If the analysis I have presented is correct, the project management requirements referred to in that letter are not nearly radical enough, though of course the questions raised in it are very important.The letter was signed by the following:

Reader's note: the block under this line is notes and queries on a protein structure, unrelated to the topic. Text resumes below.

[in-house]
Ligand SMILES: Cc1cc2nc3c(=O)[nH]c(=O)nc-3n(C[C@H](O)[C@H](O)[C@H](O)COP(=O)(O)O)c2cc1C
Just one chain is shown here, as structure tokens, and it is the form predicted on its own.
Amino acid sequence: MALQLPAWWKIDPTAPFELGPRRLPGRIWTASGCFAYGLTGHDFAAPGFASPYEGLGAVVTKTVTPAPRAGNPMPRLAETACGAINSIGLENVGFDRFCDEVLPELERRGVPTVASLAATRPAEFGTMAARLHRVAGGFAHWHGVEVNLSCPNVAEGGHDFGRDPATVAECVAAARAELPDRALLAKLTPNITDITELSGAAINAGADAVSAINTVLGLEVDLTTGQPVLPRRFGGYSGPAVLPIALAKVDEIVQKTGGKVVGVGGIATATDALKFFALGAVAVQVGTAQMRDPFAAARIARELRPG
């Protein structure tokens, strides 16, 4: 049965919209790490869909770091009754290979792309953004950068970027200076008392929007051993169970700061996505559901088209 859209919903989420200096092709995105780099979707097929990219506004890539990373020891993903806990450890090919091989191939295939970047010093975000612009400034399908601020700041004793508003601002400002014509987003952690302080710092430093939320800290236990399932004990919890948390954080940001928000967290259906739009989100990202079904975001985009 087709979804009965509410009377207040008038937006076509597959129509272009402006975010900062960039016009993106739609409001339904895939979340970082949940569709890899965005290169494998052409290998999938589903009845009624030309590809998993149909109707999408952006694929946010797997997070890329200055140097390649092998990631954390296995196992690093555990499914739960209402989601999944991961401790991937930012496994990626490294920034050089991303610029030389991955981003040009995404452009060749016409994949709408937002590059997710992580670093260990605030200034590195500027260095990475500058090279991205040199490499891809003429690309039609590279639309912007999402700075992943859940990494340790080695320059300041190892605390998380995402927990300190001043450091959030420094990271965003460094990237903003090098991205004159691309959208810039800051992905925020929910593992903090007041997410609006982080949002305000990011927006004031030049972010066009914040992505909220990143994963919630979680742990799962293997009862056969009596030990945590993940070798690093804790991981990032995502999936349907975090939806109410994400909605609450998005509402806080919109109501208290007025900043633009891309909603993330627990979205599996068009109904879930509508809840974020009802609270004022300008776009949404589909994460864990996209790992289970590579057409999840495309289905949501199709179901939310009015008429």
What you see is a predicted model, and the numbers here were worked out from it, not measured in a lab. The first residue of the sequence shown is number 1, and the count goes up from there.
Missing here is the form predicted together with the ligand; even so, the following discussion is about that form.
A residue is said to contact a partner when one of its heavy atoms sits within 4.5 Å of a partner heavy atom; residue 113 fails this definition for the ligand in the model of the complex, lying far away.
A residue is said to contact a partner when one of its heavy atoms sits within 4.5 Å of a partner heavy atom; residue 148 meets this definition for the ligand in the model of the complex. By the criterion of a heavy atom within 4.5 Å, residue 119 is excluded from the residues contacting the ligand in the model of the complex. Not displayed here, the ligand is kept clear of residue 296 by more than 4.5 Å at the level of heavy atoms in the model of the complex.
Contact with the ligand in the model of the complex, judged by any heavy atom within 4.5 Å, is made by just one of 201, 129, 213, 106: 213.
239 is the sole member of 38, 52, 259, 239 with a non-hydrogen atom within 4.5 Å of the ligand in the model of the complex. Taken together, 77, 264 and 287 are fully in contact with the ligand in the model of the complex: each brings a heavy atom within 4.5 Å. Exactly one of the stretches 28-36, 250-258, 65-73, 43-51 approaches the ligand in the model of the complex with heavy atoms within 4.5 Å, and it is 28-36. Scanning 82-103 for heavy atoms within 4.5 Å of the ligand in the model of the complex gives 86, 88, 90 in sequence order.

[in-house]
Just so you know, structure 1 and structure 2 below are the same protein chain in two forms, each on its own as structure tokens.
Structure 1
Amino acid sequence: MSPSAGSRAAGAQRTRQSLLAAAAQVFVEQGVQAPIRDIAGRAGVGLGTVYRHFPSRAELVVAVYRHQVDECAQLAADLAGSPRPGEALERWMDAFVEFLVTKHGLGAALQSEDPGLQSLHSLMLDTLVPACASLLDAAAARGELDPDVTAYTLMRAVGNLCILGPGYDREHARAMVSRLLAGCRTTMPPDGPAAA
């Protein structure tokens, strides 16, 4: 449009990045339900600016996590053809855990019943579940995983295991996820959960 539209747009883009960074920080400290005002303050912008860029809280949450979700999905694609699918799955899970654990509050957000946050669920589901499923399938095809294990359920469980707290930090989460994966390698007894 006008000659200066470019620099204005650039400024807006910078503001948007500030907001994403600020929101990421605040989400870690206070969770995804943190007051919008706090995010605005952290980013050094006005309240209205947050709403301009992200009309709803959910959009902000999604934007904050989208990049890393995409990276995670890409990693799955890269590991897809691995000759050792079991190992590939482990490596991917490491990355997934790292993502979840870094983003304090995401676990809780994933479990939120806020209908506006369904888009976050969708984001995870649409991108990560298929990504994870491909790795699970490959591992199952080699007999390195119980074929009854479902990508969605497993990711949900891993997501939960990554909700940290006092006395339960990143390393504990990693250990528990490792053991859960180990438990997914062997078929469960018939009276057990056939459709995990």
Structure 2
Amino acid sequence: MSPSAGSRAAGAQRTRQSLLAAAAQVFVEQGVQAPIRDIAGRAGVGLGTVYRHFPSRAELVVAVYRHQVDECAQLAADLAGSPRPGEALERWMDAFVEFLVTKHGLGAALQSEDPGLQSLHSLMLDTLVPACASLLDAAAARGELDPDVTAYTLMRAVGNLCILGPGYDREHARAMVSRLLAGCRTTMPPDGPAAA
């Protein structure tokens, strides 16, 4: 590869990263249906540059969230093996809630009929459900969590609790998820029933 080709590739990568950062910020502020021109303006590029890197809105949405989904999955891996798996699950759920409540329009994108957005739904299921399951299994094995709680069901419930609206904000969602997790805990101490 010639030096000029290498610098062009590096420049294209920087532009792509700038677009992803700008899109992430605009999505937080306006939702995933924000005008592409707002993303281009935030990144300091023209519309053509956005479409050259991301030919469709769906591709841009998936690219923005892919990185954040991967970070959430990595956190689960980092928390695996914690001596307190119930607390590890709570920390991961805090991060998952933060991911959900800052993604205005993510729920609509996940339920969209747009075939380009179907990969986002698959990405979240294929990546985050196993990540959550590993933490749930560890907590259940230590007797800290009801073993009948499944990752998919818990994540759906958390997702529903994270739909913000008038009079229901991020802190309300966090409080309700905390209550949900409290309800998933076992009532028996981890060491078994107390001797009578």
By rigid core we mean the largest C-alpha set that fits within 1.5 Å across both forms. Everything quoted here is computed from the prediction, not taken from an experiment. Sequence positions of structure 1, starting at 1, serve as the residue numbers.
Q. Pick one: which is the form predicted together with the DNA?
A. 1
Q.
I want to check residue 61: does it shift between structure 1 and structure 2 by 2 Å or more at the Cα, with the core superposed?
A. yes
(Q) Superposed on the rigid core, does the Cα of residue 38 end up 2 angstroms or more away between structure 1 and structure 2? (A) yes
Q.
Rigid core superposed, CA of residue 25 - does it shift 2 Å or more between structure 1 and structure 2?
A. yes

Ross Anderson Professor of Security Engineering Cambridge University James Backhouse Director, Information System Integrity Group London School of Economics David Bustard Professor and Head of Computing and Information Engineering University of Ulster Ewart Carson Professor of Systems Science Centre for Health Informatics City University Patrik O'Brian Holt Professor School of Computing The Robert Gordon University Roland Ibbett Professor School of Informatics University of Edinburgh Ray Ison Professor of Systems The Open University Achim Jung Professor School of Computer Science University of Birmingham Frank Land Emeritus Professor Information Systems Department London School of Economics Bev Littlewood Professor of Software Engineering City University John A McDermid Professor of Software Engineering University of York Julian Newman Professor of Computing Glasgow Caledonian University Brian Randell Professor School of Computing Science University of Newcastle Uday Reddy Professor School of Computer Science University of Birmingham Peter Ryan Professor of Computing Science University of Newcastle Geoffrey Sampson Professor Department of Informatics University of Sussex Martin Shepperd Professor of Software Technologies Brunel University Michael Smith Visiting Professor Department of Computer Science University College London Tony Solomonides Reader in Computer Science and Medical Informatics University of the West of England Ian Sommerville Professor Computing Department Lancaster University Harold Thimbleby Professor of Computer Science Swansea University Martyn Thomas Visiting Professor of Software Engineering Computing Laboratory Oxford University Colin Tully Professor of Software Practice School of Computing Science Middlesex UniversitySome of those who signed the letter also wrote to me after reading my open letter. Their letters are included here.